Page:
However, for Paul Horne, managing director of KCA Deutag Norge, the leading fixed platform drilling contractor in the North Sea, the advances in distance control over rigs does not mean that the oil and gas business is becoming less people-centric. A former roughneck of 15 years himself, Horne stressed, "technology may provide us with the best automatic system in the world; yet, at the end of the day, the real challenges are to have people with the right skills who also have leadership and the ability to manage and effectively work with people." He even touted the company's location in Bergen for offering the closest point to many offshore operations and believed that the integrated operations were a valuable training tool and a complement rather than a replacement for offshore staff.

    What's the Rig Idea?

    Statoil is experimenting with several drilling concepts designed to reduce operating expenses on the NCS. One of these is the fit-for-purpose rig concept, which Magnar Fagerbakke, current vice president for Market & Contracts at COSL Drilling Europe, helped to establish when he worked at Statoil more than a decade ago. "The first time Statoil started looking at this was in 1997. In places like the Halten area there is a mass of subsea installations, flowlines and line pipes - a subsea spaghetti," he said. Conventional rigs with dangerous anchors are no good and Statoil has around 500 subsea wells – this represents around 12 percent of the global total. Fagerbakke saw the movement towards light intervention rigs and Category J, Jack-up rigs as highly logical to reduce moving ill-equiped and expensive conventional rigs around sensitive areas.

    Magnar Fagerbakke, vice president marketing & contracts, COSL

    Magnar Fagerbakke, vice president marketing & contracts, COSL

    Statoil has claimed that the NCS is short of midwater rigs or category D. Almost all wells on the NCS are shallower than 500 meters and it is only in the very West of the Barents Sea that the depth descends to 1,500 meters. COSL's operations began in Norway in 2007 on the back of contracts from Hydro and targeted this midwater segment. Fagerbakke claimed: "Our units cost approximately half the price of the deepwater units which have entered the Norwegian market in recent years. COSL rigs are therefore already well suited for the NCS." He believed that this trend could have a positive effect on cost reduction.

    However, regarding Statoil's idea for license groups to potentially own the rigs themselves on fields like Troll, Oseberg and Gullfaks, Fagerbakke remained slightly skeptical. He believed that transferring a high value asset from an organization taxed at 28 percent onto the balance sheets of a company taxed at 78 percent would make the idea financially difficult to implement.

    A 50-Year Journey to an Uncertain Destination

    "Over the last 50 years, Norway has opened approximately half of the total production area available and we are now in the process of establishing a new third petroleum province in the Barents Sea. By working on this strategy, we see the potential to arrest and even reverse Norway's production decline," said Norway's Minister of Petroleum and Energy Ola Borten Moe. The major finds on Skrugard and Havis in the Barents Sea in 2011 gave credence to the idea that the Arctic offers the silver bullet for Norway's oil decline and Norway's 22nd licensing round, which offered up 72 licenses in the Barents Sea, has gathered unprecedented interest from oil and gas companies seeking a share of the pie.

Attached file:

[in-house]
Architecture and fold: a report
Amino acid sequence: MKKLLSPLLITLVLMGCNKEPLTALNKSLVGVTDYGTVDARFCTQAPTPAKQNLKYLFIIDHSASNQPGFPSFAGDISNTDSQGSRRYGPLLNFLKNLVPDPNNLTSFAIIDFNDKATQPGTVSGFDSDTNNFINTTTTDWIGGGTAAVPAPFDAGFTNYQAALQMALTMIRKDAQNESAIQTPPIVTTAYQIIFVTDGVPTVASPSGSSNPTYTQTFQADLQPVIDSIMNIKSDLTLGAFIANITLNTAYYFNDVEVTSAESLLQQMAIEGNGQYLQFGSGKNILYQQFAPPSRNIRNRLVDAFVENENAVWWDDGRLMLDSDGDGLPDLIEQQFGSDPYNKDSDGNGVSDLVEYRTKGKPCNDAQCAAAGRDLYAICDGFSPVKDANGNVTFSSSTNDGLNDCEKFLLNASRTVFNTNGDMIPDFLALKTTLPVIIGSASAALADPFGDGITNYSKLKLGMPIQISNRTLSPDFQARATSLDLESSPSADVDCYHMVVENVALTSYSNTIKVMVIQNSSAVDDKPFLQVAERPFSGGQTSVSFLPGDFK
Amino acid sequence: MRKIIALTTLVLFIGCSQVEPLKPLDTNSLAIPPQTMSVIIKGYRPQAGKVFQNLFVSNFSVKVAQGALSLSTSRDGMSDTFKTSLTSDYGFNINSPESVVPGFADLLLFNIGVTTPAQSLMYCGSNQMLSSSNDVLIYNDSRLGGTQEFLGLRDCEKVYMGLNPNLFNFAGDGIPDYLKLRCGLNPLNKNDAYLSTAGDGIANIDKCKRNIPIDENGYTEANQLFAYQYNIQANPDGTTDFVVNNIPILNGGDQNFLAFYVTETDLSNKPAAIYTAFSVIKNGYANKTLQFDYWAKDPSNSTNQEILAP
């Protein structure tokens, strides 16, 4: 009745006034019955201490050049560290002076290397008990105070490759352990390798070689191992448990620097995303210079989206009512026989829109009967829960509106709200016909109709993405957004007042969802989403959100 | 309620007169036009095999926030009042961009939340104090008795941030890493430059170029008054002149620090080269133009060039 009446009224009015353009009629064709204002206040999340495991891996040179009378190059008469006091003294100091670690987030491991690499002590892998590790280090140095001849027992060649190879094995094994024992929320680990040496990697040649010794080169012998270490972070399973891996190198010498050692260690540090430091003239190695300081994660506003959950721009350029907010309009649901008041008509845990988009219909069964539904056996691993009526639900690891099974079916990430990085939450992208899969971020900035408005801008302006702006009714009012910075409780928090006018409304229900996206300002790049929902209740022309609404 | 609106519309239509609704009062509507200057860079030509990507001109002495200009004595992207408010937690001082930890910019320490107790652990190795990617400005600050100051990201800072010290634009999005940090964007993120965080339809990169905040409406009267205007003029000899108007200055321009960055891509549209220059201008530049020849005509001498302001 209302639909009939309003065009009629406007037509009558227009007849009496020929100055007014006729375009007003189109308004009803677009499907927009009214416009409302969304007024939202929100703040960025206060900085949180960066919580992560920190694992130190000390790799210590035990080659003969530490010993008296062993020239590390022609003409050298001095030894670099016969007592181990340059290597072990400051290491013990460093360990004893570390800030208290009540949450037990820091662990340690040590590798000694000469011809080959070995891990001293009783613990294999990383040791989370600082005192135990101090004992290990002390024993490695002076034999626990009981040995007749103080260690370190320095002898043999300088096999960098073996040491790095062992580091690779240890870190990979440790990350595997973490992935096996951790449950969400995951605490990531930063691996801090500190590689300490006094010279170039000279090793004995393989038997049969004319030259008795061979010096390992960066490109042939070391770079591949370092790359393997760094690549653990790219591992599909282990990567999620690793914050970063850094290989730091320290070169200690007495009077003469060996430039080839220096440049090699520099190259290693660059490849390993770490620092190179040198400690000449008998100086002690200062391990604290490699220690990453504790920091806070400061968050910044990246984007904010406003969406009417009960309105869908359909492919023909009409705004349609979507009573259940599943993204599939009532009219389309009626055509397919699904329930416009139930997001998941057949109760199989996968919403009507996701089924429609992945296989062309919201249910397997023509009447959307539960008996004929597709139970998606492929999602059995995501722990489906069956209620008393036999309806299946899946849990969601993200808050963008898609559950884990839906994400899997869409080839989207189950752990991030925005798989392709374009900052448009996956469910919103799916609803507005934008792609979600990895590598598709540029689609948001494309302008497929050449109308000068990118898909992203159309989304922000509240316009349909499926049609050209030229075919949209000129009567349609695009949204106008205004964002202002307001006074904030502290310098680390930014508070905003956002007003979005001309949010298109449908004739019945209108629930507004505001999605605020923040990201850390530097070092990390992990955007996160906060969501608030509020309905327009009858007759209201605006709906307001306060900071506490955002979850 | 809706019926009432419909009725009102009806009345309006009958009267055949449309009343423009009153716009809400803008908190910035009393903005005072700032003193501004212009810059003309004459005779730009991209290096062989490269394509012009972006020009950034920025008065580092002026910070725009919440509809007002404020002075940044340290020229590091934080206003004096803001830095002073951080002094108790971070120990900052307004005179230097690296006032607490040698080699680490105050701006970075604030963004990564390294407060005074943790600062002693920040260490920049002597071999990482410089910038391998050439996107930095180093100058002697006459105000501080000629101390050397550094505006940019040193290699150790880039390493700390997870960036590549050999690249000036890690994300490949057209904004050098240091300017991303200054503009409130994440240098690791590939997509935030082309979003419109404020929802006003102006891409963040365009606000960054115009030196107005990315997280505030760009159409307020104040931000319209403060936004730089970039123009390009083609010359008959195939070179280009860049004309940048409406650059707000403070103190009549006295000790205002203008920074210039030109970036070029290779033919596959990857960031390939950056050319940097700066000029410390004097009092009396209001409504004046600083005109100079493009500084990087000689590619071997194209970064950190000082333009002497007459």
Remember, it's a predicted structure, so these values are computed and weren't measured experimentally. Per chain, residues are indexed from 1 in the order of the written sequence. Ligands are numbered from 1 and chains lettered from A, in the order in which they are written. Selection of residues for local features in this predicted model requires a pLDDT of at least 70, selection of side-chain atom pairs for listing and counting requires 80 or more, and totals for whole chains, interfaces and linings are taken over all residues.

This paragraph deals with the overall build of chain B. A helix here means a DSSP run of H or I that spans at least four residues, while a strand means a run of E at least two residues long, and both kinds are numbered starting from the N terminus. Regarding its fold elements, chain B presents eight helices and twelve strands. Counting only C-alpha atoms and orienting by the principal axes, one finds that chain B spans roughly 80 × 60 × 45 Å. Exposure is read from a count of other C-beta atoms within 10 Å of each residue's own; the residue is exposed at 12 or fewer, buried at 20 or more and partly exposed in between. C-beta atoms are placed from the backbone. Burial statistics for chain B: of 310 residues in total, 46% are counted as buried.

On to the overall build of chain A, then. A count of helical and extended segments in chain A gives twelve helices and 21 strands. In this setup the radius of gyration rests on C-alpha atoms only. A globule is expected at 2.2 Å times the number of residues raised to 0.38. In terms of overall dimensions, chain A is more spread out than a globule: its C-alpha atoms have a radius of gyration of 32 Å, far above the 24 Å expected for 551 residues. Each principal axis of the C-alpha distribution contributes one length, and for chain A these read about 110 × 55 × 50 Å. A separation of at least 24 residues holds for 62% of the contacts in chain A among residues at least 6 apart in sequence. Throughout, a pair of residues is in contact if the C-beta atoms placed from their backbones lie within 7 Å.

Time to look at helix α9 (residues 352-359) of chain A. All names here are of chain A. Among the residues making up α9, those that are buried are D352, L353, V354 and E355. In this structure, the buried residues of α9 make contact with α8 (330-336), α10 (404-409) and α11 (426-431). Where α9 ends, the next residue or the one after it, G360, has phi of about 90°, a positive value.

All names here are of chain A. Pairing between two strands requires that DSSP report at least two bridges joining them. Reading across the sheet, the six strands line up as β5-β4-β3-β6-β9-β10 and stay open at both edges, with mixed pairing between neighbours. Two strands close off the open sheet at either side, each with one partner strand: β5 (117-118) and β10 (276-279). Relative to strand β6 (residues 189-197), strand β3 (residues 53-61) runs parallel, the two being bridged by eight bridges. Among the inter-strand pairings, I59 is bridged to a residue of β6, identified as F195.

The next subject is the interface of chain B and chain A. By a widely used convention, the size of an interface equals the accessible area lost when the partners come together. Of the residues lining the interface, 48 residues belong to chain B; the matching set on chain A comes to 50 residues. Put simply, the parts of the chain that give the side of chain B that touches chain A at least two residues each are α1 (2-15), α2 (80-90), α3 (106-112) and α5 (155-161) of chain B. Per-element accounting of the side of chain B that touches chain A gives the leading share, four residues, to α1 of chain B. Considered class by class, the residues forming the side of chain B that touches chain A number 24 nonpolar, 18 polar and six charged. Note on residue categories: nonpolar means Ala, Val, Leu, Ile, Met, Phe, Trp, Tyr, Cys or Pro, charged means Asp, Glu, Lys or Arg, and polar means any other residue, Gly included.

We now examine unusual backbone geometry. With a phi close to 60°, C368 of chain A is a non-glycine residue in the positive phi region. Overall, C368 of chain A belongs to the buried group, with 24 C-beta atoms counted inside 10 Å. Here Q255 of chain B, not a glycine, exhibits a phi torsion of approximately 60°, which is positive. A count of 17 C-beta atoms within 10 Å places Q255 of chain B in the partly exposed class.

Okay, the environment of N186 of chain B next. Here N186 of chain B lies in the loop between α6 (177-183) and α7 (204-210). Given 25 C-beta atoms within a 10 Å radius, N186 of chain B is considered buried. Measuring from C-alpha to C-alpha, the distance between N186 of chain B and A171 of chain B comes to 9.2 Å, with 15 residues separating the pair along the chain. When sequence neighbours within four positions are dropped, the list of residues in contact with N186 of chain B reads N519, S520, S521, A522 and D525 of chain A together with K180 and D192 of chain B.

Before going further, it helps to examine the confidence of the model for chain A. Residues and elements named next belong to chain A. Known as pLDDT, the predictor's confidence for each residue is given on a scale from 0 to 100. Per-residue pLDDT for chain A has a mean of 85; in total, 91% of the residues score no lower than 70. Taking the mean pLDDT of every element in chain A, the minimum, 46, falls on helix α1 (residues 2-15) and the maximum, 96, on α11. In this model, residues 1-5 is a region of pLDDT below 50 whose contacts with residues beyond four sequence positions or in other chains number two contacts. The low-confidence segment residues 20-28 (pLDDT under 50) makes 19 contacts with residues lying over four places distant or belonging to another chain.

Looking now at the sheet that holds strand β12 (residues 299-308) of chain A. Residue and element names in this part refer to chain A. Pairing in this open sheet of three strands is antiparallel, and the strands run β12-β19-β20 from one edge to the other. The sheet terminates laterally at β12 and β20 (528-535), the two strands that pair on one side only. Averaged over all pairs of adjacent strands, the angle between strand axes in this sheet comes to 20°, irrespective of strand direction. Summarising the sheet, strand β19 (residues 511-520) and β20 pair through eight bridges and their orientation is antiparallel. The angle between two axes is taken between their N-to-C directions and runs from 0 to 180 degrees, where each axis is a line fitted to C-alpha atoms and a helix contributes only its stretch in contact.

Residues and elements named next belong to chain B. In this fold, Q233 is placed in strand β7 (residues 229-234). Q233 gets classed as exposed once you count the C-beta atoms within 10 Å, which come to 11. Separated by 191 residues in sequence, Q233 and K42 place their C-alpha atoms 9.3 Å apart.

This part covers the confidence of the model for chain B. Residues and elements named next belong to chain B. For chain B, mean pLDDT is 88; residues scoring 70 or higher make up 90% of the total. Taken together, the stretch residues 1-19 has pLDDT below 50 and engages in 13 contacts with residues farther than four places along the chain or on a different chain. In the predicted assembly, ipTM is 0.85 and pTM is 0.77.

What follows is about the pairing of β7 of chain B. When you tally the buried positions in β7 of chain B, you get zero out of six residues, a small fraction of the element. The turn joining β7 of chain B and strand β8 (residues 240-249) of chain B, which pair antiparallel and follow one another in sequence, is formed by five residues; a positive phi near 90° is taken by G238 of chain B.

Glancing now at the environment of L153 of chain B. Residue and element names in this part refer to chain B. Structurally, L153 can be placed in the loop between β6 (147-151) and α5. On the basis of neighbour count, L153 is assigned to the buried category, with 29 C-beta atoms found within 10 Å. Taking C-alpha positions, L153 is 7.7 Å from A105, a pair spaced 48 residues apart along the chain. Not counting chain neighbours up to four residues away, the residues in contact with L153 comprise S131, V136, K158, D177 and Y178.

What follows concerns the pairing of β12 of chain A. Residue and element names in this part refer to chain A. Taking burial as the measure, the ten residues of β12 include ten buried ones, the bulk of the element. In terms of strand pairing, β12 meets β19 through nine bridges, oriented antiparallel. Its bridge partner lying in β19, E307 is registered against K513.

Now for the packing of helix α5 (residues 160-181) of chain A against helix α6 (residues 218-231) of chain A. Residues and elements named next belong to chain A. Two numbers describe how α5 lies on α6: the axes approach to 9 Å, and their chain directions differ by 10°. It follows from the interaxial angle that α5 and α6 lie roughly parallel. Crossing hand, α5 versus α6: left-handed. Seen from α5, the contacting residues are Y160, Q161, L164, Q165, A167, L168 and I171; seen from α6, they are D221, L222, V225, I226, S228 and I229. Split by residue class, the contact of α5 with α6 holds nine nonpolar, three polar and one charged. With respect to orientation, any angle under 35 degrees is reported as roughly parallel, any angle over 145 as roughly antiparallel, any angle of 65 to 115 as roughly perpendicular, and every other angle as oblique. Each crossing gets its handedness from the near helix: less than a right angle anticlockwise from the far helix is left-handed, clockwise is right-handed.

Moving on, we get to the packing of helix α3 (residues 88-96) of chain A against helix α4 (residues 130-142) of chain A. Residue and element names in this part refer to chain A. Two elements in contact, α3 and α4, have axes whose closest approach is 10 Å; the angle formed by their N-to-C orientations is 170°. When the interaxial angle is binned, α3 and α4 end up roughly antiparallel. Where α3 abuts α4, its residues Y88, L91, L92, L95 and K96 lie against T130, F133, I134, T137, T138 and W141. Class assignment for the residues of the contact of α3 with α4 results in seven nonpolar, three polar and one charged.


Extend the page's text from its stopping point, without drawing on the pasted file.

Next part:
Impressive 12 streamer spread off the back deck of Polar Duchess, she is the sistership to our flagship vessel Polar Duke.

    Impressive 12 streamer spread off the back deck of Polar Duchess, she is the sistership to our flagship vessel Polar Duke.

    Moe saw a gradual upward progression in the industry from Ekofisk in the North Sea back in 1969, to the opening up of mid-Norway around 30 years ago and now after 50 years the establishment of the Arctic basin. Norway is by no means alone in its Northern ambitions, with China recently vying for observer status on the Arctic Council. Interest in this region is heating up.

    Ola Borten Moe, minister, Ministry of Petroleum and Energy

    Ola Borten Moe, minister, Ministry of Petroleum and Energy

    However, the transition is a politically sensitive topic: Moe's own political party in the government coalition, the Center Party, opposes this direction. Moe's overtures to the oil industry to press on to the Arctic were publicly denounced by Prime Minister Stoltenberg who affirmed that this was not government policy. Moreover, all impact studies on Lofoten, much-coveted by the industry, but also one of the most important spawning grounds for Atlantic fish, have been put on hold until after the September 2013 election. There are big changes facing Norway on how far to push exploration and it will be interesting to see what comes out of the tight race predicted between the incumbent Labour-led government and the Conservative opposition in this year's election.

    For Dolphin Geophysical, a company with a seven percent share of the global seismic market, Norway still represents 30 percent of their revenues and the Barents Sea is a huge opportunity. Dolphin Geophysical CEO Atle Jacobsen said: "We have a lot of activity in the Barents Sea in 2012 and this will remain buoyant in 2013, driven by the 22nd licensing round and the awards which will come. We are now looking at the 23rd licensing round because in this industry you need to remain one step ahead. The former grey zone with Russia and the Jan Mayen ridge are two huge potential areas, and we have already worked on behalf of the Norwegian Petroleum Directorate in this region. It will be interesting to see if these new areas are included in the 23rd round."